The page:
Using Dr. King’s life as the through-line for a film about the civil-rights movement is the great white whale of historic filmmaking.
Nelson George talks about his life and growing up in New York City
Born September 1
Eleanor Hibbert (aka Victoria Holt; Philippa Carr; Eleanor Burford) (b. 1906) – U.K. novelist – My Enemy, The Queen by Victoria Holt (1978)
| Tim Key (b. 1976) – U.K. comedian, poet, performance artist – The Incomplete Tim Key
Poem #1070 UNTITLED
‘Can I have one more crumb please?’
Said the boy from the novel.
Said the mean character.
Then the author described the
dreadful carpets and said how cold it
Tim Key recites his poem about the Royal Wedding, “The Princess and the Frozen Peas”
Tanya Googled herself. Still nothing.
Born September 2
Tom Glazer (b. 1914) – U.S. folksinger, songwriter – Melody of Love
|Naomi Lewis (b. 1911) – U.K. children’s literature anthologist, poet, teacher, literary critic – The Mardi Gras Cat: (1993)|
Following a number of jobs working as a teacher and a copywriter, she started her career as a writer after the Second World War by entering the weekly competitions run by the New Statesman. Quickly noticed by her contemporaries as an intelligent and insightful critic, she went on to produce regular articles for the New Statesman, as well as for The Observer, The Times Literary Supplement, the New York Times and the Listener. Her first published work, A Visit to Mrs. Wilcox (1957) included a selection of these articles and won immediate acclaim, becoming a Book Society recommendation. Over the sixty years of her literary career, Naomi Lewis produced a vast number of works; as a reviewer, an anthologist and as a poet in her own right.
The second child of four, she was born into a Latvian Jewish immigrant family in Great Yarmouth, Norfolk. Her father was a fish merchant, her mother a gifted artist and musician. Despite financial difficulties, the house was filled with music and the conversation of professionals and intellectuals. These early days spent playacting with her siblings and foraging for books in the attic bestowed on her that unique gift and probable source of all the best fairy tales: the happy childhood.
Lewis was a great admirer of Andersen and used her own affinity with the world of magic and fairy tale to translate his genius. It was not just her retelling of the stories that infused them with new energy, but the wonderful introductions that accompanied them; urging and explaining to young minds the individuality of each tale and the personality that had formed them.
When asked in an interview for the children’s book magazine Books for Keeps if she believed in fairies, Lewis replied: “Of course, but I am never sure if they believe in me.” Another of her favourite ideas was the fine line between the worlds of reality and magic. Was she perhaps thinking of this when she came across the crime writer Julian Symons fast asleep in front of the fire that used to be kept at the reading room of the London Library? Mischievously, she left a note on his lap with the message “All is discovered, fly at once!” and claimed never to have seen him there again.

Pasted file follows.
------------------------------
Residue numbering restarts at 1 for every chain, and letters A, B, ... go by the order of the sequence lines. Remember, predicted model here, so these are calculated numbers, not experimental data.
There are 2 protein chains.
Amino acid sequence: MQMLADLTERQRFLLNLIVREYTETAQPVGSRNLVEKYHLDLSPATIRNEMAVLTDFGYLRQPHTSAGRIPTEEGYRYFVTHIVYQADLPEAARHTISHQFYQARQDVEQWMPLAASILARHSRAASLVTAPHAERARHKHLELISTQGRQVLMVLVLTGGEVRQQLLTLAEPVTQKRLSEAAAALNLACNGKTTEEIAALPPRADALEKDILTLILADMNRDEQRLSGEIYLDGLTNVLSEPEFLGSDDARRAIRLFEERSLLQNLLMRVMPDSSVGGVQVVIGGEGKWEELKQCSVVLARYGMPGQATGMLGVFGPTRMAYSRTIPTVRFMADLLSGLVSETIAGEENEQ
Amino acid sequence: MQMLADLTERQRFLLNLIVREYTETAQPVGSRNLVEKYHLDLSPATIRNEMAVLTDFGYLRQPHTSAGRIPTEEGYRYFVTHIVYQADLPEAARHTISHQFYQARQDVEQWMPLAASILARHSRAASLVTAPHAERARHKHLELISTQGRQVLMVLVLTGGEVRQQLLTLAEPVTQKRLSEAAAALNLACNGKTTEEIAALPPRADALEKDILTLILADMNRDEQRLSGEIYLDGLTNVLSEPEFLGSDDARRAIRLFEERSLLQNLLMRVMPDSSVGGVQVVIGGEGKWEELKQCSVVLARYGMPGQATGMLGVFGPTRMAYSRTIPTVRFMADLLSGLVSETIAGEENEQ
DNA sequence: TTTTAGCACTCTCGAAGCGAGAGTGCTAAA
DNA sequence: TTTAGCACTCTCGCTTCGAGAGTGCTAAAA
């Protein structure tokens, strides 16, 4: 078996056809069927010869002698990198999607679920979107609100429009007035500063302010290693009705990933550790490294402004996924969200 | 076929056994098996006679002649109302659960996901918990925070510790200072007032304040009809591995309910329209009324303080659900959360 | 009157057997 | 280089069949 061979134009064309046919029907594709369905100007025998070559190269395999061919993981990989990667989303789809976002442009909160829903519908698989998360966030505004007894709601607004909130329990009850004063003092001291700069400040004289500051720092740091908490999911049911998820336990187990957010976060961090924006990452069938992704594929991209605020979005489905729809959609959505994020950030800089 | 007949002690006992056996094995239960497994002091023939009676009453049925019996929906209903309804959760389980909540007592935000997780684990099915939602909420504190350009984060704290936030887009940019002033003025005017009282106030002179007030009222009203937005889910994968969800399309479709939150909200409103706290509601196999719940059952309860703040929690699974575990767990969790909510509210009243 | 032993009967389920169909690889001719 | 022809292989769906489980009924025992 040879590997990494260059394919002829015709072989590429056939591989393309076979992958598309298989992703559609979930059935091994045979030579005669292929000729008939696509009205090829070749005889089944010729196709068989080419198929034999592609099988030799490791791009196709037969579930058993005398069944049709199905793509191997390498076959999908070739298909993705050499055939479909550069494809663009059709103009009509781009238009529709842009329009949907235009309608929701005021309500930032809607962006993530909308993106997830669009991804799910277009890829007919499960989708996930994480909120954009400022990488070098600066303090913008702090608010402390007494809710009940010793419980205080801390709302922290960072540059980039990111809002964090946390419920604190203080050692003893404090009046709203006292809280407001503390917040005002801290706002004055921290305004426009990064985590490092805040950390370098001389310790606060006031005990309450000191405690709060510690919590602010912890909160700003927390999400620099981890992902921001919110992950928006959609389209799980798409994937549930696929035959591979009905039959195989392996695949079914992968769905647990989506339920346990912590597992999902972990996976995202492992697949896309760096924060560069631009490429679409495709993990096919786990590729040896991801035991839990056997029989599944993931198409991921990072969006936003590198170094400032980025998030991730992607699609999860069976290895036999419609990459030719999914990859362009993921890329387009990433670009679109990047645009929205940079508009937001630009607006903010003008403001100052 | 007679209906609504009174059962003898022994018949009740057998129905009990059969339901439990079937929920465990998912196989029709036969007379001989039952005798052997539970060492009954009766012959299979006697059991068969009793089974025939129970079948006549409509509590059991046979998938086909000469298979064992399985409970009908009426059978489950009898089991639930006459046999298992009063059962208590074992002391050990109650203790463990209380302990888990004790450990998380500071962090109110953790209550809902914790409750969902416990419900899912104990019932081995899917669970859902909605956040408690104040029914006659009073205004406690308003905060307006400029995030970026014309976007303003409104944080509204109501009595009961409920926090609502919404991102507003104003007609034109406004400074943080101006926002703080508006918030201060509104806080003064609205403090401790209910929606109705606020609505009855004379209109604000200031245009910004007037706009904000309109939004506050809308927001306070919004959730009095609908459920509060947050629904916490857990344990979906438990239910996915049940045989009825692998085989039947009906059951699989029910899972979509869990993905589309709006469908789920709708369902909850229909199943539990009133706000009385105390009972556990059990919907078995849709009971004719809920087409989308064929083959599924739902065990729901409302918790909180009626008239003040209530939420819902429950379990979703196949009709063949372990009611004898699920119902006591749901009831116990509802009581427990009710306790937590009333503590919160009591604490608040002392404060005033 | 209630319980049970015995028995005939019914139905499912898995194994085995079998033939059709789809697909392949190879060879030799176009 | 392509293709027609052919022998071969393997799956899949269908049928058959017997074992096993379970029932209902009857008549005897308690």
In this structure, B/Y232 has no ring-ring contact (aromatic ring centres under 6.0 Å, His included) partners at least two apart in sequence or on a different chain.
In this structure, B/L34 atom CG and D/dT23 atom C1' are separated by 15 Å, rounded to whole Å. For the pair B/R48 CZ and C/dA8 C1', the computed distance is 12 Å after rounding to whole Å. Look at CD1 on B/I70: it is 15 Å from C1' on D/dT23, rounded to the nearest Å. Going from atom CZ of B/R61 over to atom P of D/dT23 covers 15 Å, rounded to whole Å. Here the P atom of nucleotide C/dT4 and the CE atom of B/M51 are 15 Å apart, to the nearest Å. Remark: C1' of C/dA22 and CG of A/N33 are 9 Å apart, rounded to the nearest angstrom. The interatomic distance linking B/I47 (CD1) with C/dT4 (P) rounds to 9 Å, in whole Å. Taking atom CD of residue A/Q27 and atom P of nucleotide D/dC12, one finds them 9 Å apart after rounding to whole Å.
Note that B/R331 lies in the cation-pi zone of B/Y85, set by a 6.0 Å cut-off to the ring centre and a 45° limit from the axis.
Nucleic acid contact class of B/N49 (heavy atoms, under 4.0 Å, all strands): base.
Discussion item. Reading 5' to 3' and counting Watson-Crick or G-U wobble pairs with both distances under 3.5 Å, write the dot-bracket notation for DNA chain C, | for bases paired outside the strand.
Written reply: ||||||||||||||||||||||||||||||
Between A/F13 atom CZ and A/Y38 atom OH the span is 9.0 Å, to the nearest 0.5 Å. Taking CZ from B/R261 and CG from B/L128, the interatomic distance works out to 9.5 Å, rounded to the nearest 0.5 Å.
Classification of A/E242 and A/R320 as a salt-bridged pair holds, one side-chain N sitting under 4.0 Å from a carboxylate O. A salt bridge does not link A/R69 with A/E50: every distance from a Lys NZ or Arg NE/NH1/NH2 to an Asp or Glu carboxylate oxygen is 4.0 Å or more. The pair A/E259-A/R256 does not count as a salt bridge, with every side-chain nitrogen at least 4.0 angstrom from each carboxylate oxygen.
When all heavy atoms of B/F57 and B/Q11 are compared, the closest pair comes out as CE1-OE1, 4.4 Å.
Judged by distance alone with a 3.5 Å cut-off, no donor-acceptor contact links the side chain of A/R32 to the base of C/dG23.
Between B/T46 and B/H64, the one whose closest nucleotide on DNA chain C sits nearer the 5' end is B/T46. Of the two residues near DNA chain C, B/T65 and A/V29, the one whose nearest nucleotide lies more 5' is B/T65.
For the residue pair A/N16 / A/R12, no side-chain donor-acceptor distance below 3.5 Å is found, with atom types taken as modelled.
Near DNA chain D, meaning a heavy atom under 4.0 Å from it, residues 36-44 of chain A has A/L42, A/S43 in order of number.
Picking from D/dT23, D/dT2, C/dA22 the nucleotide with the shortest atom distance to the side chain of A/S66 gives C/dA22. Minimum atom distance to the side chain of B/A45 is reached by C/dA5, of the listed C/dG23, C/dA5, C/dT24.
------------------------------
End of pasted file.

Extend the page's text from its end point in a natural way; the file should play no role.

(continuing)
[The Guardian obituary, July 14, 2009]
She gained wide renown through the evening classes that she ran at the City Literary Institute for 40 years. The curriculum stemmed entirely from her own personality and her experience as reader and writer. It was a course in “creative writing” long before the universities gave the subject official status, and such was its success that students each year suffered withdrawal symptoms and kept coming back for more. “The best thing in my life,” said one.
[The U.K. Sunday Times obituary, July 10, 2009]
Read Book Maven’s blog post about Naomi Lewis and her memorial service here
A very frail Russell Hoban, now in his ’80s, surmised that a healed animal of some kind had “put a cross on Naomi’s door” and there were many reminiscences of her rescuing creatures, especially pigeons. We even heard a BBC recording of Naomi herself talking about untangling pigeons’ feet from the threads that cripple them in London streets.
There were memories of Naomi’s flat in Red Lion Square from those lucky enough to get into it (Russell Hoban talked about how he and Leon Garfield had speculated about penetrating that inner sanctum but never succeeded). Antonia Robinson mentioned the tottering piles of books six feet or more high and the mazes she had to walk between them, sternly adjured “not to touch anything.”
Naomi used to pretend to be a witch as often as a good fairy to the many children of her acquaintance and to be able to grant wishes. Sophie Herxheimer the illustrator re-told how a wish Naomi had given her mother, Susan Collier, as a teenager was used thirty years later to ensure the safe return of Charlie the cat, who had been missing for days. How pleased Naomi must have been to hear that story!
Listen to a reading of Naomi Lewis’ translation of “The Princess and the Pea” by Hans Andersen
Born September 3
Mort Walker (b. 1923) – U.S. cartoonist – Beetle Bailey
Spike Feresten (b. 1964) – U.S. television comedy writer – Seinfeld (Soup Nazi episode)